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Mayors Told to Ask '88 Hopefuls to Back Aid for Cities

June 15, 1987|Associated Press

NASHVILLE — Democratic National Chairman Paul G. Kirk Jr. told big-city Democratic mayors Sunday that they should ask 1988 presidential candidates to commit themselves to a "new American partnership" with more federal support for urban problems.

Kirk told the mayors that he urged all the 1988 contenders to go before the mayors' annual meeting here because the eventual Democratic nominee must promise more help for America's cities. Seven declared or potential Democratic candidates are scheduled to appear.

"The Democratic mayors can be assured that the Democratic Party will have a national message for a national audience in 1988," Kirk said. "And you can also be assured that the voices and the values of the families of America's cities will be part of that message and a part of that audience."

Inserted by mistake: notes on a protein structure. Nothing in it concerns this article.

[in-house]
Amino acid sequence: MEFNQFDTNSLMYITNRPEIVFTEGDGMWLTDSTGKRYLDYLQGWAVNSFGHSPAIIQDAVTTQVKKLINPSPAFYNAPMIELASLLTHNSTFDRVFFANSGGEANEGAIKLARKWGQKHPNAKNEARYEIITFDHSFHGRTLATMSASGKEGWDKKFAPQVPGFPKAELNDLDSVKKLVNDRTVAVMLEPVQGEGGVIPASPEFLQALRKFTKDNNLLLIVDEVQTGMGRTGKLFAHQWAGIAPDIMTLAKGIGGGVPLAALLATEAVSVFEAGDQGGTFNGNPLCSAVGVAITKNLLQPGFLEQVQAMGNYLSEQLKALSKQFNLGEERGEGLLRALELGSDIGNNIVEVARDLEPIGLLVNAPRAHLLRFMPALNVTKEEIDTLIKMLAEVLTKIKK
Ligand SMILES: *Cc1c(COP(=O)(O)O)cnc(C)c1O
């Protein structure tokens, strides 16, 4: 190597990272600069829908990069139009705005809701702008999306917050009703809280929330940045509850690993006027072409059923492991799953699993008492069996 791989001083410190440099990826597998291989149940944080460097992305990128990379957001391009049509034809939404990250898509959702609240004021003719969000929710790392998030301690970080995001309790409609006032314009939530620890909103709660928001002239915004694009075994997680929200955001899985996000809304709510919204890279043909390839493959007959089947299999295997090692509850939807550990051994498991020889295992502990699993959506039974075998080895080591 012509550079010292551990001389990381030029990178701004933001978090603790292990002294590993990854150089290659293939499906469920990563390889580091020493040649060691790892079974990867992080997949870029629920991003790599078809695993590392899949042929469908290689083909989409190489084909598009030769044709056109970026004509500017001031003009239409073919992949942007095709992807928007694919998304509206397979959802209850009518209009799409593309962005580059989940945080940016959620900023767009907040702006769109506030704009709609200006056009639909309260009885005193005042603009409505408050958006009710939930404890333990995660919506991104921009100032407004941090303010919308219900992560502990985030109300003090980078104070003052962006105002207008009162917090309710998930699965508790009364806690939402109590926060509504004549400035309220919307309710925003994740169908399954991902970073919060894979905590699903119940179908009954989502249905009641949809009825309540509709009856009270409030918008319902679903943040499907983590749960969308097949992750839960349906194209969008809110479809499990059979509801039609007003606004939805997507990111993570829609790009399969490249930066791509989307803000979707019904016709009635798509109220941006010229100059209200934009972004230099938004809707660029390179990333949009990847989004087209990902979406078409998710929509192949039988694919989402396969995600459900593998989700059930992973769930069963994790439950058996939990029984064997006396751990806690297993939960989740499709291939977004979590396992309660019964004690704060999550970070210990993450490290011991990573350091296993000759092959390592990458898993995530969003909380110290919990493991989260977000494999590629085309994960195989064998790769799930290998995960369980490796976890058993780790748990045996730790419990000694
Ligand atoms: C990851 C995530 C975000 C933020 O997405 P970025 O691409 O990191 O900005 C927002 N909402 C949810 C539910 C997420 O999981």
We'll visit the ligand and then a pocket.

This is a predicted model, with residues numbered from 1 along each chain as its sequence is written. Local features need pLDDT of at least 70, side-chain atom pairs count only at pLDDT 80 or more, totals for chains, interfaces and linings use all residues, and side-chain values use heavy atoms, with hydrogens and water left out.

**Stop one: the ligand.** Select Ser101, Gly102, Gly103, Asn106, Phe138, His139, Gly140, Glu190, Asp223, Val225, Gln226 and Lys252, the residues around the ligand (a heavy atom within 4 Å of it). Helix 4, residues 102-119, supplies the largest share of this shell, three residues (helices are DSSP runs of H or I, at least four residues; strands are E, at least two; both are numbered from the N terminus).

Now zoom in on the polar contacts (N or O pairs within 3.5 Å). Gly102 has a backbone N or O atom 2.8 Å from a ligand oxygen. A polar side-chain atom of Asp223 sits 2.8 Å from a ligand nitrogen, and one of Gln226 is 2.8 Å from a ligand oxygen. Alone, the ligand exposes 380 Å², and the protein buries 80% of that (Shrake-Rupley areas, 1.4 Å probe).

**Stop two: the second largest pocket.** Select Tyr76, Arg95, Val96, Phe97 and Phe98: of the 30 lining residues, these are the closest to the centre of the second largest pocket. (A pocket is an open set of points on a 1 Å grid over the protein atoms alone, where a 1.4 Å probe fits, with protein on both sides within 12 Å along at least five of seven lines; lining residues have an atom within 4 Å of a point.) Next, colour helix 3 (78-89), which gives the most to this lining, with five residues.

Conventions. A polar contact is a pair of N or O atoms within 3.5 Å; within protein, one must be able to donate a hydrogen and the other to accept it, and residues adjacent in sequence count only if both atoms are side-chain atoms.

Kirk delivered a harsh indictment of the Reagan Administration and GOP policies of major cutbacks in aid to cities, saying: "The Republican policy toward the cities of America has been the same as toward the people of America--a 'survival of the fittest' approach.

"They deprived the mayors of needed revenues and gave you all the responsibilities," Kirk said. "But . . . you can't go it alone any longer. The time for a new American partnership is now."

Kirk's remarks, prepared for a meeting with Democratic mayors, came a day before the first of nine presidential hopefuls addresses the 55th annual Conference of Mayors. The meeting ends Wednesday.

Although nearly all the Democratic aspirants will appear, only TV evangelist Pat Robertson and former Delaware Gov. Pierre S. (Pete) du Pont IV, among the Republicans, were scheduled to address the mayors.

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